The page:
JEFFERSON CITY — Although most formal addresses to joint legislative sessions by presidents and governors focus on the triumphs of the common citizen, Democrat Gov. Jay Nixon focused on one of the failures of Missouri's higher education system in his State of the State address Tuesday night.
Nixon introduced a Missouri native who was forced by tuition costs to leave the state to go to college.
Jennifer Long completed the A+ program — which allows students to attend a two-year state college if they meet academic and personal qualifications — at Longview Community College in Lee's Summit. Despite wanting to stay in her home state of Missouri, she decided to go to Pittsburg Community College in Kansas because it gives in-state tuition to nearby Missouri county residents.
Long and her parents were invited to attend the legislative session, where Nixon introduced them to the chamber during his speech.
"I really wanted to go to Mizzou, but the prices were kind of crazy," Long said later in an interview. "My whole family's huge Mizzou fans. I grew up watching Mizzou basketball, Mizzou football ... Mizzou was my dream school."
Nixon's communication director, Jack Cardetti, said Nixon met Long the day before the election.
"For the release of the state budget, he couldn't think of anyone better to come to show the need to provide Missouri students with a four-year degree, debt free," he said. "Of all the people the governor met during the campaign, her story stuck out."
Nixon said because of students like Long, his budget includes funding for Missouri Promise, a program that will allow students who complete the A+ program to continue at a Missouri four-year college or university without having to pay tuition.
"Now, as long as they keep a B average and give back to their community, students like Jennifer Long will have a pathway to earn a four-year degree and graduate debt free, right here in Missouri," he said.
Besides implementing the Missouri Promise program, Nixon repeated his recommendation that the higher education budget not be cut and in exchange, Missouri colleges and universities do not raise tuition and fees for the coming school year.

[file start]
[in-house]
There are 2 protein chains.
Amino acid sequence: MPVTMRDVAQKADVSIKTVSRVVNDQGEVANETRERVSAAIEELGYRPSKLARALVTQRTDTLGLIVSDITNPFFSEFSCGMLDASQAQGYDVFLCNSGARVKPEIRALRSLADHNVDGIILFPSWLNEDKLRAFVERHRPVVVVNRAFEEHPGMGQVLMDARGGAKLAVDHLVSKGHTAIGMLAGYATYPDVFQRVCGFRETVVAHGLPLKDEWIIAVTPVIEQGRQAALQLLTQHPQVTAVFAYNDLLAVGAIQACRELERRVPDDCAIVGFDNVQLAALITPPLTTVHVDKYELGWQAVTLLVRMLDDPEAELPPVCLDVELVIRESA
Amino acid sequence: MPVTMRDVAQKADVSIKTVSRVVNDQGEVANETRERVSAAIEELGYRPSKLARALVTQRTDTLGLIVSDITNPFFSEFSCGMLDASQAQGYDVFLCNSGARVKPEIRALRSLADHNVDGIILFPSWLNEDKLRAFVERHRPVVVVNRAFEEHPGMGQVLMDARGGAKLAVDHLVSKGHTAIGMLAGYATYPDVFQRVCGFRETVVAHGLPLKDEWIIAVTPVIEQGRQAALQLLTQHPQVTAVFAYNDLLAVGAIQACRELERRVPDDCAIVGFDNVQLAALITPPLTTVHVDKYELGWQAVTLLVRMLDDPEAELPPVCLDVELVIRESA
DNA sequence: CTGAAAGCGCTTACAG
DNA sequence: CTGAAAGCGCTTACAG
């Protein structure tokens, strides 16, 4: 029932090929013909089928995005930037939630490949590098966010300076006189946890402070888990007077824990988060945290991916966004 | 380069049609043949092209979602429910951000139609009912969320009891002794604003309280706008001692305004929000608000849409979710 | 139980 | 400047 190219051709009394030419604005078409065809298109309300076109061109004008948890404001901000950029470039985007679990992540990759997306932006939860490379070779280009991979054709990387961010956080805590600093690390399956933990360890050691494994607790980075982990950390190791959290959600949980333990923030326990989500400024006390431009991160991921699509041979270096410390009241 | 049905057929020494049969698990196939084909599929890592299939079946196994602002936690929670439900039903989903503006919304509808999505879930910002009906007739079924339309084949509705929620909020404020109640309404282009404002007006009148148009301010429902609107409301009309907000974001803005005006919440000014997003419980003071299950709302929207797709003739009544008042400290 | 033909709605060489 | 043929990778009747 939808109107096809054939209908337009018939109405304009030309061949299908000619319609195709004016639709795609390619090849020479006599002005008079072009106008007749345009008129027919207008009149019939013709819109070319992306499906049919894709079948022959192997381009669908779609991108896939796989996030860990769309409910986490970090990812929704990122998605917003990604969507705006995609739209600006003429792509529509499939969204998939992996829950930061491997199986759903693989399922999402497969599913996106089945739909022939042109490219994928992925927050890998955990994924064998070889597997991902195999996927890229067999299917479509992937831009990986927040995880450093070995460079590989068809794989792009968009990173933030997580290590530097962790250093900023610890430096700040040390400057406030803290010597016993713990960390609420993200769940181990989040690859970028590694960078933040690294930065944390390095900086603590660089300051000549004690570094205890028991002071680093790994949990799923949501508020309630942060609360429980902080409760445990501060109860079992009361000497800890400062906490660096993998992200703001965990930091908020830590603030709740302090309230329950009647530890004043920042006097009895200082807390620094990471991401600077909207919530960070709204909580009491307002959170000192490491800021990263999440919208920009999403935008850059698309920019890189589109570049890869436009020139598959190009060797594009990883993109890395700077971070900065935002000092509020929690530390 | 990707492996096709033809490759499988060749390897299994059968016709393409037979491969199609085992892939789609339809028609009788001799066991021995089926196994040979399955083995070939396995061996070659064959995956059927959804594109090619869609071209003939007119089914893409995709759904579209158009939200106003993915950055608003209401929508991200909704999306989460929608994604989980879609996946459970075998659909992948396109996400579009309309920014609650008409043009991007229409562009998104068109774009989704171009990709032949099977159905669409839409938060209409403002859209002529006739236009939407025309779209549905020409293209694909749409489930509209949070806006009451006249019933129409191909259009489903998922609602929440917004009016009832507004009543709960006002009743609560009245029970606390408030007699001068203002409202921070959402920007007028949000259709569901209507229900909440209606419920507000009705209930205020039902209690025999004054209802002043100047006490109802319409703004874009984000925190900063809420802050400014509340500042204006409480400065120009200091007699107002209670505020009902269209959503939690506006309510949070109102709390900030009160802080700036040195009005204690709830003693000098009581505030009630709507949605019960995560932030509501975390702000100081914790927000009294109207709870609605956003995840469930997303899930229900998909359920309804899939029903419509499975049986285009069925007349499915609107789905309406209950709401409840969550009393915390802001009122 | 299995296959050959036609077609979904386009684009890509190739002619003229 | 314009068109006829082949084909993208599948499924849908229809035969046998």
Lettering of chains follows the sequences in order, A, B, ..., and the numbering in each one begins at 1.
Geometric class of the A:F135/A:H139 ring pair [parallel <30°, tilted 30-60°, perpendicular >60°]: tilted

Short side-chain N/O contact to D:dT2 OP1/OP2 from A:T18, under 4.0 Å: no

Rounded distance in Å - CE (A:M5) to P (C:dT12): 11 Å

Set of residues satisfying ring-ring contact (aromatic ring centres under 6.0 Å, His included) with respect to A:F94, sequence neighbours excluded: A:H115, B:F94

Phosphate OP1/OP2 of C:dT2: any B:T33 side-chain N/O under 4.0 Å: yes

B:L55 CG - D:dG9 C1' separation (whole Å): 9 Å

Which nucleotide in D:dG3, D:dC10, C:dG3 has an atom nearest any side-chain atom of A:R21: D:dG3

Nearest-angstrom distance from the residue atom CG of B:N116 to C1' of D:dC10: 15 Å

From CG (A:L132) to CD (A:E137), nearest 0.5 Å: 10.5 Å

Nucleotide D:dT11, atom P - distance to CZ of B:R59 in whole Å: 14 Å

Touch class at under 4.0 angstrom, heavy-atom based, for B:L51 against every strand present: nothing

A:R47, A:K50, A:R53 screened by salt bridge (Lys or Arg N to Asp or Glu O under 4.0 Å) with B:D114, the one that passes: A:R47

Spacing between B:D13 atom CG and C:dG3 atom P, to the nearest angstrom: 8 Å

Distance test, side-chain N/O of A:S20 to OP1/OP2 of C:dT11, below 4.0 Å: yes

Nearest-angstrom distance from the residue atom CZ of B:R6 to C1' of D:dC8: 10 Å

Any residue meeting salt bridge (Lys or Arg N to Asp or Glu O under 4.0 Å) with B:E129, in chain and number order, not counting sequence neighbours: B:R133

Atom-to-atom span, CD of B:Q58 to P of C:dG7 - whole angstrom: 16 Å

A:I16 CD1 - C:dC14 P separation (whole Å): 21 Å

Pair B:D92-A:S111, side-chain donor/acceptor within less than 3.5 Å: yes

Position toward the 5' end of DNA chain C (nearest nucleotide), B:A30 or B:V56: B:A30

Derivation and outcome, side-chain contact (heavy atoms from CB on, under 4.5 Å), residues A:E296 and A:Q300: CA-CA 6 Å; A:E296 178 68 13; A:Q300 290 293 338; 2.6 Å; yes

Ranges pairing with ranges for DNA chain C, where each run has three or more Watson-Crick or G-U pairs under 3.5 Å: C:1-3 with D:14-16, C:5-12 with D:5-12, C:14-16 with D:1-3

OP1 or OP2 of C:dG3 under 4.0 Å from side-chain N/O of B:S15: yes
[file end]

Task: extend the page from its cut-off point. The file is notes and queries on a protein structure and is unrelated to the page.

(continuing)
"Higher education is often the first target for cuts," he said. "Not this time." Instead, Nixon proposed a $10 million increase for the University of Missouri's general education budget. Under the governor's plan, the university system would get $461 million in state funds for the budget year beginning July 1.
Rep. Gayle Kingery, R-Poplar Bluff, who is chairman of the House Education Committee, said Nixon's recommendation might not be realistic.
"I'm not sure the money is available there," he said. "We're not sure what our economy is going to be doing or where we will be at the end of the fiscal year."
Kingery said if cuts are made, he thinks they should be made across the board so that smaller programs don't get drastically hurt.
"A lot of those programs are small and only need a million or so dollars," he said. "But if they can't get that money, they can be impacted to the point where they go out of business."
Cardetti would not say whether Nixon would veto any budget that cut higher education funding.
"It's too early to speculate on what we would do if something that hasn't happened happens in five months," he said.
Nixon's budget proposal does include a suggestion that the University of Missouri Board of Curators shift $14 million in state funds out of the UM System's extension program, which could see its allocation of state funds halved under the governor's suggestion.
The extension system's budget funds programs such as online courses and distance learning.
However, the governor's proposal for reducing extension, and another proposal for increasing funding for medical education, are merely suggestions.
Included in the governor's proposal is the suggestion that the curators use $24 million of the state funds for a "Caring for Missouri Initiative" to expand medical training. Former Gov. Matt Blunt had proposed a similar program enhancement.
Traditionally, the university receives one large appropriation from the state for educational activities, leaving it up to the curators to determine how the funds should be divided among the university's programs.
Kingery said the extension program should not have taken such a huge hit.
"That extension program is one of the best programs in the state because it's a far-reaching program that goes out to the state and the community," he said. "It's an outreach that keeps our state informed."
MU Chancellor Brady Deaton said he hadn't yet read the higher education budget, but was pleased overall with Nixon's speech.
"He's certainly committed to higher education, and that showed through," he said.
Deaton said he had not heard about the extension program cut and could not give an opinion until he learned more about it.
UM System President Gary Forsee, who sat with Deaton in the House chamber during Nixon's address, declined a request for an interview.